First, it is important to understand your risk for developing heart disease. Risk factors include high blood pressure, cholesterol, or glucose, being overweight and being physically inactive. You have the power to take action to protect yourself against heart disease. Be sure to work with your doctor to control blood pressure, cholesterol, and blood sugar. Small heart-healthy actions like adding more movement to our day or choosing healthy foods, can have a big impact on protecting our hearts.
If you or someone you love is at risk for developing heart disease and would like support with your journey to reduce your risk, contact Bio Ability regarding the New Year, Healthier You program. This program combines health coaching and adaptive exercise to help you improve your overall health and wellbeing. We can focus on those areas affecting your heart health.
This two-hour adaptive camp is designed to create a safe and enjoyable space for special needs children while providing the opportunity for much needed alone time for their dedicated caregivers. Spots are limited each month so sign up early. All children are asked to bring a snack and a water bottle.
February Class Schedule
MTW 4:30 pm Adaptive Ninja
MTW 5:30 pm Adaptive Gymnastics
MW 5:30 pm Adaptive Fitness (Teen/Adult)
Tu 930 am Adaptive Homeschool PE
Tu 5:30 pm Adaptive Gymnastics
TH 11:00 am Sensory Gymnastics Class
Sat 1:00 pm Adaptive Fitness (Teen/Adult)
Sat 2:00 pm Functional Fitness for Older Adults
It is always best to find current class availability online at BIO Ability Classes. Some classes may be wait-list only.
Please note this month that there will be no Adaptive Fitness for Teens/Adults or Functional Fitness for Older Adults from Feb 2-11.
Exercise of the Month: Exercise During Pregnancy
Most low impact cardiovascular exercise such as walking, swimming or stationary cycling are safe throughout pregnancy. During pregnancy it is important create body awareness especially preparing for posture changes throughout pregnancy. As your pregnancy progresses you will want to avoid exercises that may put you at high risk for falls due to your changing center of gravity. In the third trimester, you want to avoid lying flat on your back for too long so some exercises may need to be modified. Here are a few other exercises that can be done throughout pregnancy:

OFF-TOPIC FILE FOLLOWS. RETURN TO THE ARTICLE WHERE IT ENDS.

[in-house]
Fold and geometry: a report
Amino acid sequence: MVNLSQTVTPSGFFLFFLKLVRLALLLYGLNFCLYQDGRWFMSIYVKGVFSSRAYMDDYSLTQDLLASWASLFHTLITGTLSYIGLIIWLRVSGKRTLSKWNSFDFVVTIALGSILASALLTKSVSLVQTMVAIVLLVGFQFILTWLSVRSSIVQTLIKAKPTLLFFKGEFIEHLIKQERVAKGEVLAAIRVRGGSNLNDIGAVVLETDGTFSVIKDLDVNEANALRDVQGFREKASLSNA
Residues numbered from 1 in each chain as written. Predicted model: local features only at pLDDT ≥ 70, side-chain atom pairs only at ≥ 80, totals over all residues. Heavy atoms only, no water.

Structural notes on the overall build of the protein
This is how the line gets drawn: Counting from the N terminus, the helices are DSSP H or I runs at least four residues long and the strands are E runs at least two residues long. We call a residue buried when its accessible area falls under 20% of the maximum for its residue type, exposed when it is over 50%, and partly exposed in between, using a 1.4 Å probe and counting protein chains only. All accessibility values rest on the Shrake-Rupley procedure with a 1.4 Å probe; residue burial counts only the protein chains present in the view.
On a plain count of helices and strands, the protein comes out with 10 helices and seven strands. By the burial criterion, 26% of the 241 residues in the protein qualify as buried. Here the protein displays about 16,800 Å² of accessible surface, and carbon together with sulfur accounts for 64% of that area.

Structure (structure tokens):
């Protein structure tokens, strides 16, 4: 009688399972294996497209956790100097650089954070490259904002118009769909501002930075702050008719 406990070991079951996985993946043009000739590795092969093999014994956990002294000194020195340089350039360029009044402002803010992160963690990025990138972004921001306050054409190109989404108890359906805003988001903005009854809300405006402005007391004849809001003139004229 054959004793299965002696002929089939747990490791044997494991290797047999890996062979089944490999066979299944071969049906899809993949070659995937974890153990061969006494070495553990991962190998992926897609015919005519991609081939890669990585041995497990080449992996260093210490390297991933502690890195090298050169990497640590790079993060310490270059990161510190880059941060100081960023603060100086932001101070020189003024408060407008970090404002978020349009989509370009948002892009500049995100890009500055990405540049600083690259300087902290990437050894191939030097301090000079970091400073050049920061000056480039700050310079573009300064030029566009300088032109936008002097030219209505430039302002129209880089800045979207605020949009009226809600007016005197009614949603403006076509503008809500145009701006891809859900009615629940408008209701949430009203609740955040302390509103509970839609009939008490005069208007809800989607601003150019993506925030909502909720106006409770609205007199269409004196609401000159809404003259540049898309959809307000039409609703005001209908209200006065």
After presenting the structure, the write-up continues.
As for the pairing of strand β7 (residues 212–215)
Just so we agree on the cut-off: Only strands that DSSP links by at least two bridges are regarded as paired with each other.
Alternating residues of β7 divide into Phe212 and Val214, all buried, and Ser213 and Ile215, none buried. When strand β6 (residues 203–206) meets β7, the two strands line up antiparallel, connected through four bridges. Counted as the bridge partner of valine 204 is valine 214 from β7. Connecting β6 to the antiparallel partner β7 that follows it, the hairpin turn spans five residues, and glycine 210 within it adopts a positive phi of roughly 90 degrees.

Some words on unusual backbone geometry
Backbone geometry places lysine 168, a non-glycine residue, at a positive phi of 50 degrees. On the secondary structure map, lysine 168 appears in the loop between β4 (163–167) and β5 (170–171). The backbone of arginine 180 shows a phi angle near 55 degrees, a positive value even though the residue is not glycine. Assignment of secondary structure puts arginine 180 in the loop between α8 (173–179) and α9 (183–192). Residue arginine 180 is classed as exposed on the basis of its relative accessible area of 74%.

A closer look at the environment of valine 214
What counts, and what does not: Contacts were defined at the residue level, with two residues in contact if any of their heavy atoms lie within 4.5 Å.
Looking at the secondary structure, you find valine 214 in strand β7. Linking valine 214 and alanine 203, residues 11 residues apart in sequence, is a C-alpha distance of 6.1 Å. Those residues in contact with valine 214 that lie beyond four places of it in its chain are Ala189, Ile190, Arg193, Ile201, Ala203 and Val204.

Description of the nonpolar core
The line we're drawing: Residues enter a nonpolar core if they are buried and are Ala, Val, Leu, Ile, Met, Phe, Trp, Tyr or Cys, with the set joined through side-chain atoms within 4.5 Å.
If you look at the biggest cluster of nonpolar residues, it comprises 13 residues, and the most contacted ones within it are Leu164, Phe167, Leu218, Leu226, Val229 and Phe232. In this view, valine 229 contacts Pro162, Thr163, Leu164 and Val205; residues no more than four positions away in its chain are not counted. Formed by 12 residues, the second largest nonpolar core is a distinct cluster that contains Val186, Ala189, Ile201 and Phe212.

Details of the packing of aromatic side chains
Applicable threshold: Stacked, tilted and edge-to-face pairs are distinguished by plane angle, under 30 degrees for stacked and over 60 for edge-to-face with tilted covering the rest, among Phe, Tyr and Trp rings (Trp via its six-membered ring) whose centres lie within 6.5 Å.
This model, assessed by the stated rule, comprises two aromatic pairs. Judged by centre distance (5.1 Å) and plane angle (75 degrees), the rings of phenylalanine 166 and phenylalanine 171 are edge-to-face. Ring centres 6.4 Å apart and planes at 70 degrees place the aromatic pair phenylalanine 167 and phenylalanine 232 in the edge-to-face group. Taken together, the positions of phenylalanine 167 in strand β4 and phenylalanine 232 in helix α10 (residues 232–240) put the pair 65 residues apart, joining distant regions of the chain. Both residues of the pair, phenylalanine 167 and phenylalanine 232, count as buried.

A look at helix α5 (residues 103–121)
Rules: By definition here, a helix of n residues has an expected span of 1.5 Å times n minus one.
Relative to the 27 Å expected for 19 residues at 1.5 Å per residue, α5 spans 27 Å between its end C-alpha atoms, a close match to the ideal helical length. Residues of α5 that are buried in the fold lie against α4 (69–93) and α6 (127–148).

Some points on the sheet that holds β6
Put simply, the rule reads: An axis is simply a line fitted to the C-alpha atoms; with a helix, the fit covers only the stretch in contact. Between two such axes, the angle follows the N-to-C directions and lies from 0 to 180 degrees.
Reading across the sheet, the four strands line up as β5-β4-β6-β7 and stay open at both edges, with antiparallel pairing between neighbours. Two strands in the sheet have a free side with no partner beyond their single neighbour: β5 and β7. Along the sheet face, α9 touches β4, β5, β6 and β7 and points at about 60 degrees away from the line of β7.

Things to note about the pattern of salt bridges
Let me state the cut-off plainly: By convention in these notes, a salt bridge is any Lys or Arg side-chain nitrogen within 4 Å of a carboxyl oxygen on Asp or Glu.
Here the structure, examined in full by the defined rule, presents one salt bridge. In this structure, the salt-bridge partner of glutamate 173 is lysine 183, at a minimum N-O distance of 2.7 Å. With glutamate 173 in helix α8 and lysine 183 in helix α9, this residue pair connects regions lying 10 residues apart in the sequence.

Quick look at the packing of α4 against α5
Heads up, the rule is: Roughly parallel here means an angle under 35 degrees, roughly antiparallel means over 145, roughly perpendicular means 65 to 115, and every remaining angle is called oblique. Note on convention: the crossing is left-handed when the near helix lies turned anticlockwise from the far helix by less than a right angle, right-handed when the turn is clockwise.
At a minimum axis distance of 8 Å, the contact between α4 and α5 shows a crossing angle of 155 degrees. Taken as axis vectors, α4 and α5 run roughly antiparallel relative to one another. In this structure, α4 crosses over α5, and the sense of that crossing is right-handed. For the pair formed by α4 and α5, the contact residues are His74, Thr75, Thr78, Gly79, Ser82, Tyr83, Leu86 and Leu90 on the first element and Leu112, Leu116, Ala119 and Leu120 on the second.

Pelvic curl – helps create pelvis posture awareness.
- Lie on your back with your knees bent and feet flat on the ground, about hip-width apart.
- Take a deep breath in to prepare, then exhale as you tuck your pelvis (your “hips”) so that you’re pressing your spine to the floor.
- Keep that tucked position as you continue the exhale and roll through the movement so that you are lifting your spine out of that impression, one vertebra at a time.
- Stop when you reach your shoulder blades.
- Inhale at the top of the movement, then exhale as you fold your body back down, placing one vertebra at a time back onto the floor until you get to your starting position on the back of your pelvis.
- Do 12 to 15 reps. For an added challenge, bring your legs all the way together.
Pelvic brace– can be done throughout pregnancy as long as you don’t have pelvic floor symptoms such as painful intercourse or urinary urgency.
- Lie on your back with your knees bent and feet flat on the ground, about hip-width apart.